Chuck is correct, from everything I’ve read on cooling of the valves, it’s said that approximately 75% of the cooling occurs through the valve seat to the block and 25% through the valve stem to the valve guide then to the block.  Of course the block is then cooled by the radiator fluid flowing through the block.  Thus having the proper valve to seat contact width (0.060 to 0.080 for exhaust & 0.040 to 0.060 for intake - as a general rule) and placement in the middle of the 45 degree face of the valve is so crucial for cooling of the valve, otherwise a burnt valve can occur particularly an issue with the exhaust valves.  Intake valves have the benefit of cool fresh air flowing around them into the combustion chamber to help aid in cooling thus they don’t need as wide of a contact width. 

    To get the proper valve to seat contact width & placement, one truly must do a 3 angle valve job, with the top 30 degree cutter & bottom (throat) 60 degree cutter.  Through the use of the 30 & 60 degree cutters one can narrow the width & move the placement of the seat contact on the valves 45 degree face.   



    Mathematically looking at the original valve guide length of approximately 2.5”, by reducing the length by 0.5” I’ve shortened the guide by 20%.  So now let’s say I’ve removed 20% of the 25% of cooling through the valve guide, there would be a theoretical 5% total loss in heat reduction through the valve guide.

    To be fair though, I could see one arguing that in reality the heat reduction loss is less than 5% because the heat is still transferred to the block through the same contact area of valve guide to block.   Likewise, I could see it argued that the effect is greater as well.  Overall, if one even goes with the theoretical change of 5%, it would seem to “me” to be acceptable, others may see it differently.   The biggest concern to me was possibly wearing out the guide or valve sooner because I’ve reduced the surface contact area by 20%.  So if I figure a theoretical 20% reduction in life, well I’m still ok with that.    

    I also spoke to quite a few Ford flathead engine builders concerning the mods they do to those engines.  Very little of the valve guides in the flathead Ford engine even enters the ports to begin with but they still taper that which does.  
    Mine were flush with the port in the 8BA I dressed out as a 59A.  There wasn't anything worth tapering, so I left mine alone.  Truth be told, the part of the guide which protrudes does very little cooling, as it's heated by the exhaust gas.  Close inspection of a worn guide and valve stem will often reveal coking in the section in the port, as temps exceed design limits of oil.  In reality, the 5% reduction is less - more like 1 or 2%.  I'd have to dig up my heat transfer math to tighten up that number, and it's a complex calculation involving the specific heat of the guide and LMTD between the surface temp of the block where the guide makes contact and the surface temp of the valve stem immediately above the valve.  LMTD stands for Log Mean Temperature Differential, and LMTD determines rate of heat transfer.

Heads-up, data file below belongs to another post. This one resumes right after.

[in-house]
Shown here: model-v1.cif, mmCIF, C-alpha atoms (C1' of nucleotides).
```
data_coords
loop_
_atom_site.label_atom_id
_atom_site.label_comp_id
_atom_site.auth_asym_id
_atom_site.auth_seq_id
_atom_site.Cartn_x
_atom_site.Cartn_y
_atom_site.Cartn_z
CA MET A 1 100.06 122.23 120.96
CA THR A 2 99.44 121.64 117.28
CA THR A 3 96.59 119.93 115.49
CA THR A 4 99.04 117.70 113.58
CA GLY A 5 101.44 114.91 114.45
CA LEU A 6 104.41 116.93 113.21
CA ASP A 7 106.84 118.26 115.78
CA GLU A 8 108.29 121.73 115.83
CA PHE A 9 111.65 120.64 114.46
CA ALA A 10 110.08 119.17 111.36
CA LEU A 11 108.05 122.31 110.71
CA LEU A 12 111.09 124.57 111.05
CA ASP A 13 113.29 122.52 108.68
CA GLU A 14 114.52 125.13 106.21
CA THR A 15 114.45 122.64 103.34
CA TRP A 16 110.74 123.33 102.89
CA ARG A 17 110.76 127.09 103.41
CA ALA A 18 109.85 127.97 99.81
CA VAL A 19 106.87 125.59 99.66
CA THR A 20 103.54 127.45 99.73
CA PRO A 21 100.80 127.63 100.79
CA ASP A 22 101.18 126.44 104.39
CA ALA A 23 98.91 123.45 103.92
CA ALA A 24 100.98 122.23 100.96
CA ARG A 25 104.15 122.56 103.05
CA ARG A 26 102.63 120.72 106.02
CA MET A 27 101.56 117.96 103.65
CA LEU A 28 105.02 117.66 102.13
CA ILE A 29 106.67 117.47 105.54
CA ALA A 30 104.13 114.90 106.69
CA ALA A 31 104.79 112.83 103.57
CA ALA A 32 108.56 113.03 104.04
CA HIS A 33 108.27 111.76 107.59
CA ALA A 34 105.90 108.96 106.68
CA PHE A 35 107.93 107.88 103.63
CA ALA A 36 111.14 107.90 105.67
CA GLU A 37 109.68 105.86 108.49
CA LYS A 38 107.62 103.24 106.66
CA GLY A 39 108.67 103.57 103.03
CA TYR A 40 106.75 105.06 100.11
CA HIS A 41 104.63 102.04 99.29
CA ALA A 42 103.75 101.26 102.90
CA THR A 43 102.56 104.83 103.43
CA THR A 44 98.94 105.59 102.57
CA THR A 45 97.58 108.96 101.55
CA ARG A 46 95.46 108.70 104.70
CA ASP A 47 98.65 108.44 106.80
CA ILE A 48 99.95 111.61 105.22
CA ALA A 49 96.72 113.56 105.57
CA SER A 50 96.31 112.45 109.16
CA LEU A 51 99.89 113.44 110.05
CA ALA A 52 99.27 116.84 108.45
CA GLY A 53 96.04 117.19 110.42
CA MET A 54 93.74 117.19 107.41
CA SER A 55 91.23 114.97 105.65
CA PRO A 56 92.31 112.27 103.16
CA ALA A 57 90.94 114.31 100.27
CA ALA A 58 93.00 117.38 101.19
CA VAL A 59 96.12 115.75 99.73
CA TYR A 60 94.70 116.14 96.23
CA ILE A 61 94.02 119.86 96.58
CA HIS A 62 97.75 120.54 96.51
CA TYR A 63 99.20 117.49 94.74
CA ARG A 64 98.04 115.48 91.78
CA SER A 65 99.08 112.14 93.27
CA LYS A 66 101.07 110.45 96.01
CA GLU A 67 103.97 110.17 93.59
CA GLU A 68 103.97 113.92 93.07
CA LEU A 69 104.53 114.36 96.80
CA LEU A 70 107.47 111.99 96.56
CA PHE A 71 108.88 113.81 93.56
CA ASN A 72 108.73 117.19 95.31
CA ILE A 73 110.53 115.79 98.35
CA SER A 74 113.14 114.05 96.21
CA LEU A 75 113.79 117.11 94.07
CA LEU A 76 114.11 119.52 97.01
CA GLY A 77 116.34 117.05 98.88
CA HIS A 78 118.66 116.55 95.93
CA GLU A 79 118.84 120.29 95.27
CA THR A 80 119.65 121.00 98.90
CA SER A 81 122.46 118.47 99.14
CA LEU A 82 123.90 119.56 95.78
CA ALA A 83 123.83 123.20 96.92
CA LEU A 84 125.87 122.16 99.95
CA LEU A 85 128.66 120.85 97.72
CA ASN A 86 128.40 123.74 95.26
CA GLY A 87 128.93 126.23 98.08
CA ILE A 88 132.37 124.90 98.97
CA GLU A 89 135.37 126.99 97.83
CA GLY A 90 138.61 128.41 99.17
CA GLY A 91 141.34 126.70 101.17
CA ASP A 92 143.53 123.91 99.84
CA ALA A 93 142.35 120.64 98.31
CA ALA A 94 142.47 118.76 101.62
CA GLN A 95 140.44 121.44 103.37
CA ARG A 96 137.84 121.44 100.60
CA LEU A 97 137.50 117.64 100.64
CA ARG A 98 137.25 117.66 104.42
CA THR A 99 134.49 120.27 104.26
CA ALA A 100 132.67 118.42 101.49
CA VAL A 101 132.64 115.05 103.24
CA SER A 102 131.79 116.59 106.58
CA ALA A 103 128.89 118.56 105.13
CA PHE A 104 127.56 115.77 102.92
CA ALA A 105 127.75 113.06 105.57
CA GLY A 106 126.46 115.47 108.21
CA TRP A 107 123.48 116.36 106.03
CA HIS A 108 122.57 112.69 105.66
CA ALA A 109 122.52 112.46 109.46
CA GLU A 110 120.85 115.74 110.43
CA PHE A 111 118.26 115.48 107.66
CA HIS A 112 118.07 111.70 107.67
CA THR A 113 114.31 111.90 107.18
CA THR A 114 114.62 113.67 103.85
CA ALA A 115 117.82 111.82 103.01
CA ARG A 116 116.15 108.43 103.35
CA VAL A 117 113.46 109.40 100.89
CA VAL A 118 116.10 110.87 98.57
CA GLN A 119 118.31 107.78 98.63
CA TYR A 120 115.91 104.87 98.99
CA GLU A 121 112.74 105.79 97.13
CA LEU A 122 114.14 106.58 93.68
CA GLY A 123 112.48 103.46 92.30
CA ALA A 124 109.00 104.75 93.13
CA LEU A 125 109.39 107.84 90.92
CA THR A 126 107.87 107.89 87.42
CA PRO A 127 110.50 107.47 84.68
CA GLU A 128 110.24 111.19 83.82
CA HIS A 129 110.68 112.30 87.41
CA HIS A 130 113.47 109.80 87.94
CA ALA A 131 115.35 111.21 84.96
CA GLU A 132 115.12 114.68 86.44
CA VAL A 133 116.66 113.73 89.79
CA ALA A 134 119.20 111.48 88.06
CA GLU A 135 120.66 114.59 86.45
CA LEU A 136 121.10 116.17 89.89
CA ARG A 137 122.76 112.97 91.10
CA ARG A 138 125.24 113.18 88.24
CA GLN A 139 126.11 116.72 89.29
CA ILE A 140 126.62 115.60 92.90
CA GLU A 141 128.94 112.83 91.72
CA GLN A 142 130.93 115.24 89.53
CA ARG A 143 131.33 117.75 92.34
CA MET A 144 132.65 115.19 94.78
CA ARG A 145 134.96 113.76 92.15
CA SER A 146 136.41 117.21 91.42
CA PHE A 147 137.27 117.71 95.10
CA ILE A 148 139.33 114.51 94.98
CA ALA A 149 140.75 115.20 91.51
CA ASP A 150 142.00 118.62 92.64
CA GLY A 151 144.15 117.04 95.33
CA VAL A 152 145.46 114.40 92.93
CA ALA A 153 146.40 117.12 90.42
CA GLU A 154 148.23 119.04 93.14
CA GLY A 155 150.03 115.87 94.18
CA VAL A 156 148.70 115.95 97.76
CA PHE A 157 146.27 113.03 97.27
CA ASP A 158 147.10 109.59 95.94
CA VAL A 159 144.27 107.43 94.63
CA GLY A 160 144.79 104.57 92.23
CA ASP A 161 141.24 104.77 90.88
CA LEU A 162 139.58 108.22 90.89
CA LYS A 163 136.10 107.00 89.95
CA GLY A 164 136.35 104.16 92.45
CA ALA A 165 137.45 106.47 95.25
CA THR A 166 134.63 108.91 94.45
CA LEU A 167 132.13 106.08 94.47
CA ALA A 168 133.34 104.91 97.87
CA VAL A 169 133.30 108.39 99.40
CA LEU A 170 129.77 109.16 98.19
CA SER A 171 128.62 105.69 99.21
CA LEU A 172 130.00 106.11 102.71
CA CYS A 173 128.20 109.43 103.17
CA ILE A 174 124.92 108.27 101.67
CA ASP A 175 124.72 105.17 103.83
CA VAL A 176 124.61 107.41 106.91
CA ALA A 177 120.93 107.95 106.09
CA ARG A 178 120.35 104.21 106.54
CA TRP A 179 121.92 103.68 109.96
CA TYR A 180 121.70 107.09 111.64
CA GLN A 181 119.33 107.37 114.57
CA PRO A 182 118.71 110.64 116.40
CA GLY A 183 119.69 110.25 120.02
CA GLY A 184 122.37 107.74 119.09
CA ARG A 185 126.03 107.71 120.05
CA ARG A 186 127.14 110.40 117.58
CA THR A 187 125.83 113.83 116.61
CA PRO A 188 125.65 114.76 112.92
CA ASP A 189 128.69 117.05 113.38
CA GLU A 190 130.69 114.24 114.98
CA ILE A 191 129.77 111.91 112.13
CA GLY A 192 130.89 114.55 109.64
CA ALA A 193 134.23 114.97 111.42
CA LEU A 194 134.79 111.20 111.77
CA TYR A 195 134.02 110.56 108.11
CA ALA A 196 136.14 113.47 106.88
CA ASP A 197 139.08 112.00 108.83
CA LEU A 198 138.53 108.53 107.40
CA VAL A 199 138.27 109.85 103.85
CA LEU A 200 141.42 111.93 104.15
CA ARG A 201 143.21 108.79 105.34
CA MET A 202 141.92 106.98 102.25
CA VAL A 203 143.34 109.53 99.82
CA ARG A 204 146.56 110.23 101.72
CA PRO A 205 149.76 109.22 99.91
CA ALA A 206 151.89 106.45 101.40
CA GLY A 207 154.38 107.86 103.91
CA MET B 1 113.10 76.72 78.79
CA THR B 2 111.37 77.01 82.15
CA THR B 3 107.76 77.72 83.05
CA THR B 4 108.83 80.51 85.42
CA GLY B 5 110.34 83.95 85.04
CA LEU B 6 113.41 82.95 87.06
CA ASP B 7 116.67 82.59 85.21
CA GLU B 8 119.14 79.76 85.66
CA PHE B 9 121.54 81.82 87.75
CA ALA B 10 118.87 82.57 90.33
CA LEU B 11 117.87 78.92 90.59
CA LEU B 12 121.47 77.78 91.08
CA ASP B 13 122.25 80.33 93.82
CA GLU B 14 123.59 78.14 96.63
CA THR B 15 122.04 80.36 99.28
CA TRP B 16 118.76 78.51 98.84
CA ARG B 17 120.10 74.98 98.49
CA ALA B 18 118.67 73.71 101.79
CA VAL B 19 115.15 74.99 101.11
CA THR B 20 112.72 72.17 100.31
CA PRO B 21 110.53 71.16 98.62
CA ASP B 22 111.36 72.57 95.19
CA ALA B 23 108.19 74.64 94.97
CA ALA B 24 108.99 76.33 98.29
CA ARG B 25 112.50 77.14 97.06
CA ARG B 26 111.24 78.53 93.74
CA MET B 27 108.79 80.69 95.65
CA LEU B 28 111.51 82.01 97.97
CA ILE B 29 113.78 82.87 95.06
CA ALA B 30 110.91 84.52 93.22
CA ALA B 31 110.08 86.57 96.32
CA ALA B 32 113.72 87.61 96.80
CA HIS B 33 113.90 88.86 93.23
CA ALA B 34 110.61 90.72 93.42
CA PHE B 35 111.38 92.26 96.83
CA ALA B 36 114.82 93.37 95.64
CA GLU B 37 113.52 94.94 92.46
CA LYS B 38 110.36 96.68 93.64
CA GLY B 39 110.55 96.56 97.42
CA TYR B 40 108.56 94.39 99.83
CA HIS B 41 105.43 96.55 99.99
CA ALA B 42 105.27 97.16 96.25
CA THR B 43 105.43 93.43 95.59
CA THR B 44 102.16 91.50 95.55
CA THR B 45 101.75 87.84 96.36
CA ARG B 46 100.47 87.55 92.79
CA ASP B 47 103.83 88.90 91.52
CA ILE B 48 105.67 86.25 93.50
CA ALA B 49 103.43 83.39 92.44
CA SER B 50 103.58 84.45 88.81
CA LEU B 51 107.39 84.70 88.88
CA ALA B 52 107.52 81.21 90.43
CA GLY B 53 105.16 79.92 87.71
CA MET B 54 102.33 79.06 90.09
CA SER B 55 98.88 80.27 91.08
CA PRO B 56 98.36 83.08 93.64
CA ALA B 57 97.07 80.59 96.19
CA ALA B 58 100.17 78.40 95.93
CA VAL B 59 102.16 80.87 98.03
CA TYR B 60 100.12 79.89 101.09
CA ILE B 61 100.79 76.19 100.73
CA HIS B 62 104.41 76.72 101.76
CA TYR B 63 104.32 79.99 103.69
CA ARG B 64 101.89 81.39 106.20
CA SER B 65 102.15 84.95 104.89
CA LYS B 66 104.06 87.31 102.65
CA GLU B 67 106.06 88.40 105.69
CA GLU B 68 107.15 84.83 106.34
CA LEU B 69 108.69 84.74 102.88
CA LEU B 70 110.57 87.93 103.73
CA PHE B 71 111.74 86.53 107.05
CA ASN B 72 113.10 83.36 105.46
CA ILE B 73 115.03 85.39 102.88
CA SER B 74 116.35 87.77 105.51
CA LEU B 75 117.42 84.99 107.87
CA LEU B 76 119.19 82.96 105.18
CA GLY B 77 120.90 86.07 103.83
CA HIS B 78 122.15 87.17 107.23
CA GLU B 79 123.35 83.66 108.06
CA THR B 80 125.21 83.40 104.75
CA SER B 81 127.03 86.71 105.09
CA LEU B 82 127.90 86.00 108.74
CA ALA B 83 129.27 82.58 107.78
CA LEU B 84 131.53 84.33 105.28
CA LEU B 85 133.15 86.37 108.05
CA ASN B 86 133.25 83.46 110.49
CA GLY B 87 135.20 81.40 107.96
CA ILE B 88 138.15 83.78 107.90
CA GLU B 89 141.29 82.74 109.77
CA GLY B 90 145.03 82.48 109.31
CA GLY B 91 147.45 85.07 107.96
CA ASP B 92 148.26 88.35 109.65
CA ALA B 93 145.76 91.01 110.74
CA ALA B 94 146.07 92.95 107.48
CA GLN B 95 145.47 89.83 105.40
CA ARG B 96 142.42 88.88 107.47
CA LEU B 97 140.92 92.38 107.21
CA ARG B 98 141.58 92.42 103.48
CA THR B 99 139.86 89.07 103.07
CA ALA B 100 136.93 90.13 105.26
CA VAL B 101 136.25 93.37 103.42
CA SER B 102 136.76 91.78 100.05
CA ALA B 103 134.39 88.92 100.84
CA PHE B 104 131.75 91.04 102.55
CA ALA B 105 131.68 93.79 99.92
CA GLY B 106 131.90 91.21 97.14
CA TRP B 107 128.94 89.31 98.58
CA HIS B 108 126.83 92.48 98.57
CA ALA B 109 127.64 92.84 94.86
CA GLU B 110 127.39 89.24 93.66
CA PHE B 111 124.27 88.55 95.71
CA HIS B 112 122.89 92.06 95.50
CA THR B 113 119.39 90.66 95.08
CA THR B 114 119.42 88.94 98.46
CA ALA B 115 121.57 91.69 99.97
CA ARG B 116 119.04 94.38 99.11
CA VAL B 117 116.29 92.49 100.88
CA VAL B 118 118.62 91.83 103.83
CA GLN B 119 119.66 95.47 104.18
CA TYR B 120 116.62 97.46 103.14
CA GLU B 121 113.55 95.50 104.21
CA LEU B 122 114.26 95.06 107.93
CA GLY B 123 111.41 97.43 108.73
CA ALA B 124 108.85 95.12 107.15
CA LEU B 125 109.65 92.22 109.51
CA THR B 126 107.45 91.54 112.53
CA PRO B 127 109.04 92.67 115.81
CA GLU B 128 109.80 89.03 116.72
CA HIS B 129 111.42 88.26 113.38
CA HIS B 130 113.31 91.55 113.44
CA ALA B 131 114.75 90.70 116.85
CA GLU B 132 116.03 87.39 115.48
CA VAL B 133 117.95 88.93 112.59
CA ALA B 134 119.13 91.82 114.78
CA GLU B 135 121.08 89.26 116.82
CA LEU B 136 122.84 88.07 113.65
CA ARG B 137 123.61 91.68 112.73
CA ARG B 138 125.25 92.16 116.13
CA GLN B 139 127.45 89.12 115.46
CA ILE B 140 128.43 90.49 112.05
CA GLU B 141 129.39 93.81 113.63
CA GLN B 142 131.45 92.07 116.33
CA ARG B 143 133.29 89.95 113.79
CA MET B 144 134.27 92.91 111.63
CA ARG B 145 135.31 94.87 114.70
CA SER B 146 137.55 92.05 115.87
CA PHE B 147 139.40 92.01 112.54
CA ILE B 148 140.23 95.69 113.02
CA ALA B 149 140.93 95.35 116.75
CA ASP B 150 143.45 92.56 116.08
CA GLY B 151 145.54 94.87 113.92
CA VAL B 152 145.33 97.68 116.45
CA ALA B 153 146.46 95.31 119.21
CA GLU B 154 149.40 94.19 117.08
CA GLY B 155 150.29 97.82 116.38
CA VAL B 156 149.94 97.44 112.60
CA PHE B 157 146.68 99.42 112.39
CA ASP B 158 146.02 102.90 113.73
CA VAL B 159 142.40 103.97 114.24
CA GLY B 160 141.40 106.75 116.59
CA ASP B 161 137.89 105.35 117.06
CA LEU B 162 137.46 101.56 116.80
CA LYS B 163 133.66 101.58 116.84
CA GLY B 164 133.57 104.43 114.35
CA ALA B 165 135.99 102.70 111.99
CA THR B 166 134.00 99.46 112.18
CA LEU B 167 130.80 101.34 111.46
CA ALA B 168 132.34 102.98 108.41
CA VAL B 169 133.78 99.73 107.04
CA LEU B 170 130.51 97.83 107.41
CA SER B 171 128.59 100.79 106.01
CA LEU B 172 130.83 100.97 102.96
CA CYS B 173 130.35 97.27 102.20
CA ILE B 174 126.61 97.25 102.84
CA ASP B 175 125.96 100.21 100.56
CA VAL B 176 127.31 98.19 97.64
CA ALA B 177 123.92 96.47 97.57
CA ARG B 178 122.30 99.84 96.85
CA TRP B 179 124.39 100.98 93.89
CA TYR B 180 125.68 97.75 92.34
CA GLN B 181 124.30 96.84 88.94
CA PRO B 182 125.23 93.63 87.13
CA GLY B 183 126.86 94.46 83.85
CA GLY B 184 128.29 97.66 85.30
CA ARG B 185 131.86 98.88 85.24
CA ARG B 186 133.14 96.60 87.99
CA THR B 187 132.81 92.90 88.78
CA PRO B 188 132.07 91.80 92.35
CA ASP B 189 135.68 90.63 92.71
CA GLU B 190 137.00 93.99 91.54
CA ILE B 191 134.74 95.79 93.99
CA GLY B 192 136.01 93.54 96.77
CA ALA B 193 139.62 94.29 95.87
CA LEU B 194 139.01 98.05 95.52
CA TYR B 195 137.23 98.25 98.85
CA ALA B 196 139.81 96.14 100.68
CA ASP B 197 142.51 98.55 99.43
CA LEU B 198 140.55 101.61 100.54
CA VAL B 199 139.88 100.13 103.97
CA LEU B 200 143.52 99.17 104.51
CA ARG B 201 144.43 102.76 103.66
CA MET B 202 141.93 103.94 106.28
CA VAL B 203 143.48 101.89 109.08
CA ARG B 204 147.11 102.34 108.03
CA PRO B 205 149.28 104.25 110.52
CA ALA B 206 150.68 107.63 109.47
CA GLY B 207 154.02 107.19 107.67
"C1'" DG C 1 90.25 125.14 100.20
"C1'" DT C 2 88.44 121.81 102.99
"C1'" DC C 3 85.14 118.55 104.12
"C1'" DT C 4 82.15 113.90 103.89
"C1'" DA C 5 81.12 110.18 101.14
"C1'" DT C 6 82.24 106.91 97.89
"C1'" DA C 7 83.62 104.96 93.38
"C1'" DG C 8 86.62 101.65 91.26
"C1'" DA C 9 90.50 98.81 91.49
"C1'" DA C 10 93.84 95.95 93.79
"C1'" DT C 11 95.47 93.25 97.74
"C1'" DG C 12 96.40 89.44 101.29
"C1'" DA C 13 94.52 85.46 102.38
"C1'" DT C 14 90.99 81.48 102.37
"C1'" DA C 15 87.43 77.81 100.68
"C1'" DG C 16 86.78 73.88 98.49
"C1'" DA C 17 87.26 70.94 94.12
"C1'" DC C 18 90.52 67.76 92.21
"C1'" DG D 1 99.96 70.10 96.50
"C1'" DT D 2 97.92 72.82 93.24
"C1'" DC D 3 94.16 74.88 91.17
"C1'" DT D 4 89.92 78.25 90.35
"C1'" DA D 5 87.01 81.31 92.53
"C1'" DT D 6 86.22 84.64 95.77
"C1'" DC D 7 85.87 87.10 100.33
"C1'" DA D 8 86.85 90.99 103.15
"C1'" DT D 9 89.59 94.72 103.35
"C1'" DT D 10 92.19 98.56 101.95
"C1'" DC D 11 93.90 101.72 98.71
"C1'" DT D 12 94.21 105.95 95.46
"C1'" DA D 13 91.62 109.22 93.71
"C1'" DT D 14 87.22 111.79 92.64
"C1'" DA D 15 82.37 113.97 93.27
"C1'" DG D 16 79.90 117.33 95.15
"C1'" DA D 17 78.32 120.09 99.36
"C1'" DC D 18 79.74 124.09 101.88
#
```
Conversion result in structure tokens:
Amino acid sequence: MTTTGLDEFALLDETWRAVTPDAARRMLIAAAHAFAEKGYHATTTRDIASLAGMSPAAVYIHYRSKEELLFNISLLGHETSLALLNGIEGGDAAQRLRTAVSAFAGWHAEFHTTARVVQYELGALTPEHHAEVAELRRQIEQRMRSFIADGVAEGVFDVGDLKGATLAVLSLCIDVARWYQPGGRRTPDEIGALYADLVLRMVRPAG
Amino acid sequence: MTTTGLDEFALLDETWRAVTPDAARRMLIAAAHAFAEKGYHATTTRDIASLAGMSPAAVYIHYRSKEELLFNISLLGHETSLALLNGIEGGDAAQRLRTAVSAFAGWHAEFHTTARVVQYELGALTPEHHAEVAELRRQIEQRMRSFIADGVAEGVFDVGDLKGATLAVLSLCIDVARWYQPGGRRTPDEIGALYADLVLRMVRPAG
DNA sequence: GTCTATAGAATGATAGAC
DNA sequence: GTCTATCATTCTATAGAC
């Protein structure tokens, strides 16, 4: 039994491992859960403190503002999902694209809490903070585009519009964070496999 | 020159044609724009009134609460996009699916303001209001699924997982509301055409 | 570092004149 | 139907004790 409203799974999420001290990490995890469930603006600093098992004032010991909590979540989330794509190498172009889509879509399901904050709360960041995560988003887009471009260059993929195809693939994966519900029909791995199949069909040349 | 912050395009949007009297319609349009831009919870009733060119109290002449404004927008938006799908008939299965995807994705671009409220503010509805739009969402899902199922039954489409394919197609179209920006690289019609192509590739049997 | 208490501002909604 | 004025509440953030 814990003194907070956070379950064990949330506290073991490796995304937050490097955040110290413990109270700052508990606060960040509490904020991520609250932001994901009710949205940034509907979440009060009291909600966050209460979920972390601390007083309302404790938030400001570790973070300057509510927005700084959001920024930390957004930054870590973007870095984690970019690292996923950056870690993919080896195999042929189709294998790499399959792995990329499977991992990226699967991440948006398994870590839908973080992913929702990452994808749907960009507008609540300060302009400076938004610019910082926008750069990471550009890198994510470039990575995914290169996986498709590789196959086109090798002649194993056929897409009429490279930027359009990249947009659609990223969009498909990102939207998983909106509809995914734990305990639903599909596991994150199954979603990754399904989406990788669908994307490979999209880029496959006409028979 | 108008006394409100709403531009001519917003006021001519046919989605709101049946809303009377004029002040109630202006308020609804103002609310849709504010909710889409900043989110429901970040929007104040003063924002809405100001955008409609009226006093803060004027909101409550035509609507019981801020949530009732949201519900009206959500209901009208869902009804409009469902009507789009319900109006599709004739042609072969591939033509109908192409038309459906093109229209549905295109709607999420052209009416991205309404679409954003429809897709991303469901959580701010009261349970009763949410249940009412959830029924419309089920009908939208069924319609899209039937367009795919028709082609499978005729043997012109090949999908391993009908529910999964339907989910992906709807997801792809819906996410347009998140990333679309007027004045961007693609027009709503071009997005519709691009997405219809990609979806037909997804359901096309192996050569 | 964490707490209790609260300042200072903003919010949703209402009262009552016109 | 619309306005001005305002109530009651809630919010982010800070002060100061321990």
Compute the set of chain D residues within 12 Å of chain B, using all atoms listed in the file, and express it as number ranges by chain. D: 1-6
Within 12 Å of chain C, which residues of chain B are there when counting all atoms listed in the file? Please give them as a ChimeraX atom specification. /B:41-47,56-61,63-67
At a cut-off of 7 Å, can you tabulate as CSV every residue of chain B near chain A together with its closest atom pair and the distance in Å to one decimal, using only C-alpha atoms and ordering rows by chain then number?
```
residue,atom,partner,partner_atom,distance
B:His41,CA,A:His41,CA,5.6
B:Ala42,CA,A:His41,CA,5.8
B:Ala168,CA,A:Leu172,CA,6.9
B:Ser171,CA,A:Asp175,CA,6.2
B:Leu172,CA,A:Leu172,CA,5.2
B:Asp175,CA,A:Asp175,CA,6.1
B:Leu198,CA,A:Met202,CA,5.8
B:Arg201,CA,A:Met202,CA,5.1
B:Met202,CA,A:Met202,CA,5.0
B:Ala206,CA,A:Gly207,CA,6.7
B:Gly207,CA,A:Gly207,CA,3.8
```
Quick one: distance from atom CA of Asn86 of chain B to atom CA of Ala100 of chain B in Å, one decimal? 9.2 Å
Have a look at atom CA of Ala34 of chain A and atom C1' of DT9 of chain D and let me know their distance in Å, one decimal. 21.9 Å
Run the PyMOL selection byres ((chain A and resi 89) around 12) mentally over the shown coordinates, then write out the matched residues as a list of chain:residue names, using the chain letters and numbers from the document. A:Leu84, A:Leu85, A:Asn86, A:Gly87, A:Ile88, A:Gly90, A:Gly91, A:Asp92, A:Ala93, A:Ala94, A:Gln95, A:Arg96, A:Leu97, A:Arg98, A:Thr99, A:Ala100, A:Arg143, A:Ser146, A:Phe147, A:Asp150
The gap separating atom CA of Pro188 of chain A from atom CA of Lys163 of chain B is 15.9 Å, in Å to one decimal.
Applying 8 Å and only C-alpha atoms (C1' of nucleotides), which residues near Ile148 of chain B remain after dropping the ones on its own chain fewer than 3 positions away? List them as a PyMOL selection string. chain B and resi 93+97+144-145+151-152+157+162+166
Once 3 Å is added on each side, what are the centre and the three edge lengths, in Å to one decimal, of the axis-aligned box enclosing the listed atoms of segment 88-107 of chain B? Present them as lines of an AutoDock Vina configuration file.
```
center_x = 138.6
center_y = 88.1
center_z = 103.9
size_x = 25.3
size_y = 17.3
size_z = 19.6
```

On a side note, I designed a dual circuit cooling system for a turbocharged offshore racer.  180 degree coolant in the block, twelve degrees over ambient water temp in the head.  180 maintained proper piston to cylinder clearance, and the low temp coolant in the head reduced the surface temp of the combustion chamber, minimizing preignition at elevated boost levels. It was a 352 inch Chevrolet big block custom cast at the Detroit foundry, and we tested it at McLaren Engines in Livonia, MI.  It ran flat out for hours on end making 1000 HP at about 22# of boost.  We had an A/F ratio computer fail at WOT and the engine lasted only a few seconds before it grenaded, sticking chunks of the block into a cinderblock wall.  The only recognizable bit of the engine was the crank flange.  The year was 1988, if I recall correctly.  
  • terraplane8terraplane8 Posts: 511Senior Contributor
    Good to see a technical discussion on optimising our engines. I know from the the simple work I did on my 212 the results were quite astonishing. I'm very interested in Bigsky's final compression ratio using the high compression 112 head and his work on the optimum squish clearance. I would think that the ignition advance curve will need to be reworked on a chassis dyno to get the most out of the increased efficiency and ensure no destructive detonation is occurring.